This week’s author tip is from Robert Virgile and his book “SAS Macro Language Magic: Discovering Advanced Techniques”. Virgile chose this tip because discovering and developing this technique will help you make the most of MACROS.
We hope you find this tip useful. You can also read an excerpt from Virgile’s book.
Macros Tip #1: A “Most Commonly Asked” Question
One macro language question arises again and again. How can I get macro language to perform a %DO loop over a list of values? For example, this syntax is illegal in macro language:
%do name=Amy, Bob, Fred;
But what if that is exactly what you need: execute a %DO loop for each name on the list? Macro language lets you work around this limitation, as long as you program the logic yourself. Here are the steps you’ll need to take.
First, create a macro variable holding the list of names. A %LET statement might look like this:
%let name_list = Amy Bob Fred;
Of course, there are many ways to generate a list of values. You could pass it as a parameter:
%call_my_macro (name_list=Amy Bob Fred)
Or, if a data set stores the names, SQL can retrieve them into a macro variable:
proc sql noprint; select distinct name into : name_list separated by ‘ ‘ from my.dataset; quit;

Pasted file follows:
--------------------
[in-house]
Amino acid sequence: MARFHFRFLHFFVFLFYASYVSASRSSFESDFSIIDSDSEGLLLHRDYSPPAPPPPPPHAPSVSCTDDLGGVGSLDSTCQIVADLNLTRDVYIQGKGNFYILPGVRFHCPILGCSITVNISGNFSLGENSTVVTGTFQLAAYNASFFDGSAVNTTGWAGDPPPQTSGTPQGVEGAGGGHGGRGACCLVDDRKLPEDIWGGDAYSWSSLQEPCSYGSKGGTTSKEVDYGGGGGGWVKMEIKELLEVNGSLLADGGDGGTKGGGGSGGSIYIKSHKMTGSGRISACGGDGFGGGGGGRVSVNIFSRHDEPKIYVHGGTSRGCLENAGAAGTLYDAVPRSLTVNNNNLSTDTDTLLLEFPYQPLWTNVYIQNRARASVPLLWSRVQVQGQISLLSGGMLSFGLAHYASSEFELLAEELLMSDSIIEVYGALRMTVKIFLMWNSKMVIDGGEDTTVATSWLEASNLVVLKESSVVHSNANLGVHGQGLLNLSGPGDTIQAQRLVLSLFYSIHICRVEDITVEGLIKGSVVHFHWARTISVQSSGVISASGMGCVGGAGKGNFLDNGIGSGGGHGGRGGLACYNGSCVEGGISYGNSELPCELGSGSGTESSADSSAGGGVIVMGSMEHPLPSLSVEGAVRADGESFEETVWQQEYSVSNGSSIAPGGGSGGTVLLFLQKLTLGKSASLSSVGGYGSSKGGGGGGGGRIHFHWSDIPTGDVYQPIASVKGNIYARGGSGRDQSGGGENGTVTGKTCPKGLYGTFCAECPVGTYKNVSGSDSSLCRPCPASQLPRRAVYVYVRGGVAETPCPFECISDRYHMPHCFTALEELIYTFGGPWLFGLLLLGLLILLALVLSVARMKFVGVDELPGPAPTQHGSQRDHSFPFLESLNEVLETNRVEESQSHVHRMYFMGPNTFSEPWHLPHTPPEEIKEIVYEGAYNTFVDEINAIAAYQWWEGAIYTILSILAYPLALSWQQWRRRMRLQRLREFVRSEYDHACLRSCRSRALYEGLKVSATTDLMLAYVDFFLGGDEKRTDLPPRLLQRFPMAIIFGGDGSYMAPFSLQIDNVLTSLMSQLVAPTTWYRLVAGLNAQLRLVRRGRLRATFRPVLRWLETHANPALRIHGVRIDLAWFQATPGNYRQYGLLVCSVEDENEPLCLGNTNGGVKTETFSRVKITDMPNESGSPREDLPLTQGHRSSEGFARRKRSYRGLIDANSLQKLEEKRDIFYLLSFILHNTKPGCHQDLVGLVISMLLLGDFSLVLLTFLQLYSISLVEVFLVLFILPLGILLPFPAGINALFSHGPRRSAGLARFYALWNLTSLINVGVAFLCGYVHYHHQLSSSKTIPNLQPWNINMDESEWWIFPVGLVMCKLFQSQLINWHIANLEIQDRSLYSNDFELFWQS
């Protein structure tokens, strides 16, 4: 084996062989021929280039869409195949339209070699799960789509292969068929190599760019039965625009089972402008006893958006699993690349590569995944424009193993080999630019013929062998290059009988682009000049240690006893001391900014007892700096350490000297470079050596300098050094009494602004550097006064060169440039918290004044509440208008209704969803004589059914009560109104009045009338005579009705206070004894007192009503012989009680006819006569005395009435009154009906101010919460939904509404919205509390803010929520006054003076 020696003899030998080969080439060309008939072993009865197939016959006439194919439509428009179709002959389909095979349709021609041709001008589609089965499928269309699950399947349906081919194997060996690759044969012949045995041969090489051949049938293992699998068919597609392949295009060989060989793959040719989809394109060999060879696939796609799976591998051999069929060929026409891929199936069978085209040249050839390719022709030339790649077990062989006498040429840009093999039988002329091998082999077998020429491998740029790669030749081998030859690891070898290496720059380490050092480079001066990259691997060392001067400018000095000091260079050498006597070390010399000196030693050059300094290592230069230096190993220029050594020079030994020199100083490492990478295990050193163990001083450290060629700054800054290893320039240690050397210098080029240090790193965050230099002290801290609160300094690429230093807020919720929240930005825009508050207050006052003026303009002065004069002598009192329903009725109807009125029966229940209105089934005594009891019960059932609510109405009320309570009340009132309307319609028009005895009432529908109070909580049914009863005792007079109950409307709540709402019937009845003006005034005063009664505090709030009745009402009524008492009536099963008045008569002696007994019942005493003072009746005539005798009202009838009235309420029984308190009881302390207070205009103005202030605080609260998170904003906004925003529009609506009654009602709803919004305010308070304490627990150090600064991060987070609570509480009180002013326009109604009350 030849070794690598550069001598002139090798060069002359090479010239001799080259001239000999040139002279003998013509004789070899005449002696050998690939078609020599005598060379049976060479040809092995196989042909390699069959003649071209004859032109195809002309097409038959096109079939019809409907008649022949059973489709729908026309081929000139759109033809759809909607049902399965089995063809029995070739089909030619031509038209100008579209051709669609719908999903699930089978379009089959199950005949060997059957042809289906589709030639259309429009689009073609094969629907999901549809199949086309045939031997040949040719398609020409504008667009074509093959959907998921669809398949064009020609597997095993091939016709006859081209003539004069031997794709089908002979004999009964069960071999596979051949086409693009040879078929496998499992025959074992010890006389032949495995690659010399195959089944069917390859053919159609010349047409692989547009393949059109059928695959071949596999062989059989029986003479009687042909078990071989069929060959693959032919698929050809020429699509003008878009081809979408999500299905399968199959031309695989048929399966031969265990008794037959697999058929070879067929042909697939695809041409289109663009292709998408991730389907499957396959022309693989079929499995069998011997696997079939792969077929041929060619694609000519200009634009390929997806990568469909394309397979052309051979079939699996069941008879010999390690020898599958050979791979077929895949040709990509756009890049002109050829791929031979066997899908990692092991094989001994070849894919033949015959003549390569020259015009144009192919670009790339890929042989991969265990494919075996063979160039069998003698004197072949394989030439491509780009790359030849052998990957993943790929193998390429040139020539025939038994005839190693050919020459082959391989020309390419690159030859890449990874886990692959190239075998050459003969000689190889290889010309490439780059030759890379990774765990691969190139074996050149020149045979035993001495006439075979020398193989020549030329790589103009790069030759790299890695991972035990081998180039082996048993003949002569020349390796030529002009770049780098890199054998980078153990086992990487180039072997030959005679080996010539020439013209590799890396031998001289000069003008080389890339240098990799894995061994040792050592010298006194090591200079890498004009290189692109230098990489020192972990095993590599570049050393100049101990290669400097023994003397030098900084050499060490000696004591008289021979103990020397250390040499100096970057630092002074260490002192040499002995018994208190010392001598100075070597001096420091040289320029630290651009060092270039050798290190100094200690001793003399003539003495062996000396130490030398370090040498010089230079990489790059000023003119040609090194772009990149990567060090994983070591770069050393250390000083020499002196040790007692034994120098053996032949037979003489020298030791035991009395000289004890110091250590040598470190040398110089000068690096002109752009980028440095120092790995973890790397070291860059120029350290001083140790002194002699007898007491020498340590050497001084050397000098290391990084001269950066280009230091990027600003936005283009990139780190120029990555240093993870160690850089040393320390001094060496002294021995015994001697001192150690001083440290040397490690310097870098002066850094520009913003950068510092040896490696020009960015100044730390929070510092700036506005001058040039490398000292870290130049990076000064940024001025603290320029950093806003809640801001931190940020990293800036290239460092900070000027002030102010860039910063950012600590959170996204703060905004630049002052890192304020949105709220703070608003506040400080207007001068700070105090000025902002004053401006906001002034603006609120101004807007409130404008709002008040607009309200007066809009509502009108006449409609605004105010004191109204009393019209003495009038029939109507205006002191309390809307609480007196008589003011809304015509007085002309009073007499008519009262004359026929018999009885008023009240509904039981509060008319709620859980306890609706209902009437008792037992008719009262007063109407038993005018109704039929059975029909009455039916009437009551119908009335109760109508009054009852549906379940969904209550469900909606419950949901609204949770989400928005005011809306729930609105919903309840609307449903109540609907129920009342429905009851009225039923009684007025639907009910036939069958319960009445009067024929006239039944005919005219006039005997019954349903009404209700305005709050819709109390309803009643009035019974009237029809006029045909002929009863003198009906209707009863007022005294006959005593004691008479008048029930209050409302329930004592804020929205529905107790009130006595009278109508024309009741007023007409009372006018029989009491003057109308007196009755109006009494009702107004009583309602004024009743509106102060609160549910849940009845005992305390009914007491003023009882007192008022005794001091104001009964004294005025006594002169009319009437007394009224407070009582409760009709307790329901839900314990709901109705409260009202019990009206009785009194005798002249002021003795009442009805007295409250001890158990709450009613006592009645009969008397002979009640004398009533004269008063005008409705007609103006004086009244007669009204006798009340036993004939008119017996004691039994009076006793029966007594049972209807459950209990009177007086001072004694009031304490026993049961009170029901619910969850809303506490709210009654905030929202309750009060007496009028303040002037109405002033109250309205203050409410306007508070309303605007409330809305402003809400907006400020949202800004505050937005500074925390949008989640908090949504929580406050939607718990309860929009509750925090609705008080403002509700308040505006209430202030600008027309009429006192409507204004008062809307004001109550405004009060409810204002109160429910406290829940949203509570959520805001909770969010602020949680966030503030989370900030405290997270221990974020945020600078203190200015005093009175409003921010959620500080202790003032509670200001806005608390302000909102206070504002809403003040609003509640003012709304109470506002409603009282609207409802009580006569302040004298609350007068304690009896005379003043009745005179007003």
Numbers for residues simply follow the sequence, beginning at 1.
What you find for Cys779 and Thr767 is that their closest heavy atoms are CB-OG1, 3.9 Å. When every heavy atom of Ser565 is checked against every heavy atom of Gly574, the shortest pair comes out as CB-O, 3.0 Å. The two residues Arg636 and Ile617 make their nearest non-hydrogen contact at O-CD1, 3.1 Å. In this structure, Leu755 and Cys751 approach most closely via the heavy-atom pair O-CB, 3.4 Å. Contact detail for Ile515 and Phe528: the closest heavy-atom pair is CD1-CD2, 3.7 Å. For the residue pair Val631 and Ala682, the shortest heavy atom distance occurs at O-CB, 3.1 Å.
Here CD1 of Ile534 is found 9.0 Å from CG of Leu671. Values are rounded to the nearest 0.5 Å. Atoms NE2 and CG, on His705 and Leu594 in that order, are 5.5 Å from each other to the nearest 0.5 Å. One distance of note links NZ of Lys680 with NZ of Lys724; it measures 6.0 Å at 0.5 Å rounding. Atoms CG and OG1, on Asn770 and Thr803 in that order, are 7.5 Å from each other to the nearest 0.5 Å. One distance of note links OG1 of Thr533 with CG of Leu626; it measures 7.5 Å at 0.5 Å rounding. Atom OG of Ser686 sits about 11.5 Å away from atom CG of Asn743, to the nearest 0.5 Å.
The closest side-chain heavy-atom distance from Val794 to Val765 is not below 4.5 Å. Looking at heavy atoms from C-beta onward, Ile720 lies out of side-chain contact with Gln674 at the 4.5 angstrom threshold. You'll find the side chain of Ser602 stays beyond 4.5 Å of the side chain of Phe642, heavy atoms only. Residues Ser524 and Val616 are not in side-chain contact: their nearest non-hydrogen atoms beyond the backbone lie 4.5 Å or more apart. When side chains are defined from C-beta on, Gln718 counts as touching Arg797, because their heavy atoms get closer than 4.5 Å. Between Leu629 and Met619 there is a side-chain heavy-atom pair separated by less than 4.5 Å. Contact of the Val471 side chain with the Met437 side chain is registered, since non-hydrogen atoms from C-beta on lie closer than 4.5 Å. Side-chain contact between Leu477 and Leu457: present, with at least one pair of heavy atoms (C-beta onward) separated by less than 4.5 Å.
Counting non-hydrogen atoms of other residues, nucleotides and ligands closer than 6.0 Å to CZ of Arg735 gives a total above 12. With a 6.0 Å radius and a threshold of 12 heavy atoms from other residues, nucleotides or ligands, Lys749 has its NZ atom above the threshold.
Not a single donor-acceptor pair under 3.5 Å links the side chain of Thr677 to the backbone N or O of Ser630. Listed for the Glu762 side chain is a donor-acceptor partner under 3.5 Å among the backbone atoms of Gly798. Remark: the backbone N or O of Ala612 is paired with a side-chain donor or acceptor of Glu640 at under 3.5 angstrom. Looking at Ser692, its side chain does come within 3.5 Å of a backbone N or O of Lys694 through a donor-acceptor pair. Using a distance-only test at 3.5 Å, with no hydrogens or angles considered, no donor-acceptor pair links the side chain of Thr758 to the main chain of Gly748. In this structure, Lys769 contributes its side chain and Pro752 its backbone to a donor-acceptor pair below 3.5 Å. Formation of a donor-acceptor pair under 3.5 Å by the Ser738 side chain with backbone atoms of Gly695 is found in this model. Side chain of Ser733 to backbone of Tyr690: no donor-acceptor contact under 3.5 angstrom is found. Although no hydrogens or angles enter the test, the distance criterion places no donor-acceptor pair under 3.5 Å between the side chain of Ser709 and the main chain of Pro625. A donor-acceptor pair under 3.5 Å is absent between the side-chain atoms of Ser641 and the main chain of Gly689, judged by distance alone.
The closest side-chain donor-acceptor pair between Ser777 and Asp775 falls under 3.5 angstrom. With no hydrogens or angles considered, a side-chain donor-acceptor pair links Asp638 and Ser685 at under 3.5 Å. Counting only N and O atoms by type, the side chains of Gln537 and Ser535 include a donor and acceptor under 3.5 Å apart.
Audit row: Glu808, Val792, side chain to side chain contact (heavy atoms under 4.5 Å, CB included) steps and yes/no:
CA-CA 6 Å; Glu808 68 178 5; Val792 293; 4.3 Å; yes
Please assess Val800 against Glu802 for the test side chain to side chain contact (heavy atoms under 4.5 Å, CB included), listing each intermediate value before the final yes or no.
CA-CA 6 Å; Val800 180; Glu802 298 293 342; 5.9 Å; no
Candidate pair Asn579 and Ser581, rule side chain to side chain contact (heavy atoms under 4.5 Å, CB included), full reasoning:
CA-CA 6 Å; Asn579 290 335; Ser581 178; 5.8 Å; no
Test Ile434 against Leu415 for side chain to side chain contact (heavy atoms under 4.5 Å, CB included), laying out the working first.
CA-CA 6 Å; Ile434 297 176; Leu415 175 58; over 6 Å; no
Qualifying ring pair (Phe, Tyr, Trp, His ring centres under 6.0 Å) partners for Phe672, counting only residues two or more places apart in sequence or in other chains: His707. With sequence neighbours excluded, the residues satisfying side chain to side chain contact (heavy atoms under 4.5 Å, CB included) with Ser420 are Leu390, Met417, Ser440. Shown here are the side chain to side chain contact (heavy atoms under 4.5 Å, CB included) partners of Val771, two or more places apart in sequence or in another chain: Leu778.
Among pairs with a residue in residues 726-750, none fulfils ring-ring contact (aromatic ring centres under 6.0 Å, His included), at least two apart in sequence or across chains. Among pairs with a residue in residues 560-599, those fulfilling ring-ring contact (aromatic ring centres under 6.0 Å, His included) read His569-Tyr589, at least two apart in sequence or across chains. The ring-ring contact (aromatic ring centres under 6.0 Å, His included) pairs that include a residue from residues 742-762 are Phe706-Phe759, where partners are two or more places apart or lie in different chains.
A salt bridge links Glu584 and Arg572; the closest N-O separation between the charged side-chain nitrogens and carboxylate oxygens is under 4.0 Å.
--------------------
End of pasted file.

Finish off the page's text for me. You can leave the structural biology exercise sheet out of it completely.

Once the list of names is ready, execute the %DO loop for each name. A few considerations come into play here:
- While a variety of approaches exist, none of them take very long to execute. It might be advisable to select a simple method, rather than a faster-running method.
- All of these statements must appear within a macro definition. %DO loops and %LOCAL statements are not permitted elsewhere.
Begin with a more complex approach:
%local i next_name; %let i=1; %do %while (%scan(&name_list, &i) ne ); %let next_name = %scan(&name_list, &i); %** DO whatever needs to be done for &NEXT_NAME; %let i = %eval(&i + 1); %end;
When &i is 1, %SCAN assigns the first word in &NAME_LIST as the value of &NEXT_NAME. When it is 2, %SCAN assigns the second word. After %SCAN reads all the words in &NAME_LIST, it returns a null value and the %DO loop ends. Is the code difficult to read? As always, beauty is in the eye of the beholder.
An alternative approach has macro language count the number of names in the list. While entire macros have been written for this purpose, advances in macro language make counting words a straightforward task:
%local i next_name; %do i=1 %to %sysfunc(countw(&name_list)); %let next_name = %scan(&name_list, &i); %** DO whatever needs to be done for &NEXT_NAME; %end;
The DATA step function COUNTW counts the number of words in a list, and %SYSFUNC permits macro language to use most DATA step functions.
Of course, complications arise. Will your logic still work when:
<ul> <li>The list is empty?</li> <li>An item on the list is a significant word in macro language? For example, what if &NEXT_NAME is NE or OR?</li> </ul>
Those issues can arise, but are beyond the scope of this tip. This tip is to understand the steps needed to instruct macro language to process each item on a list of values.
For more information about the macro language and the magic you can create with it, check out Robert Virgile’s book “SAS Macro Language Magic: Discovering Advanced Techniques”.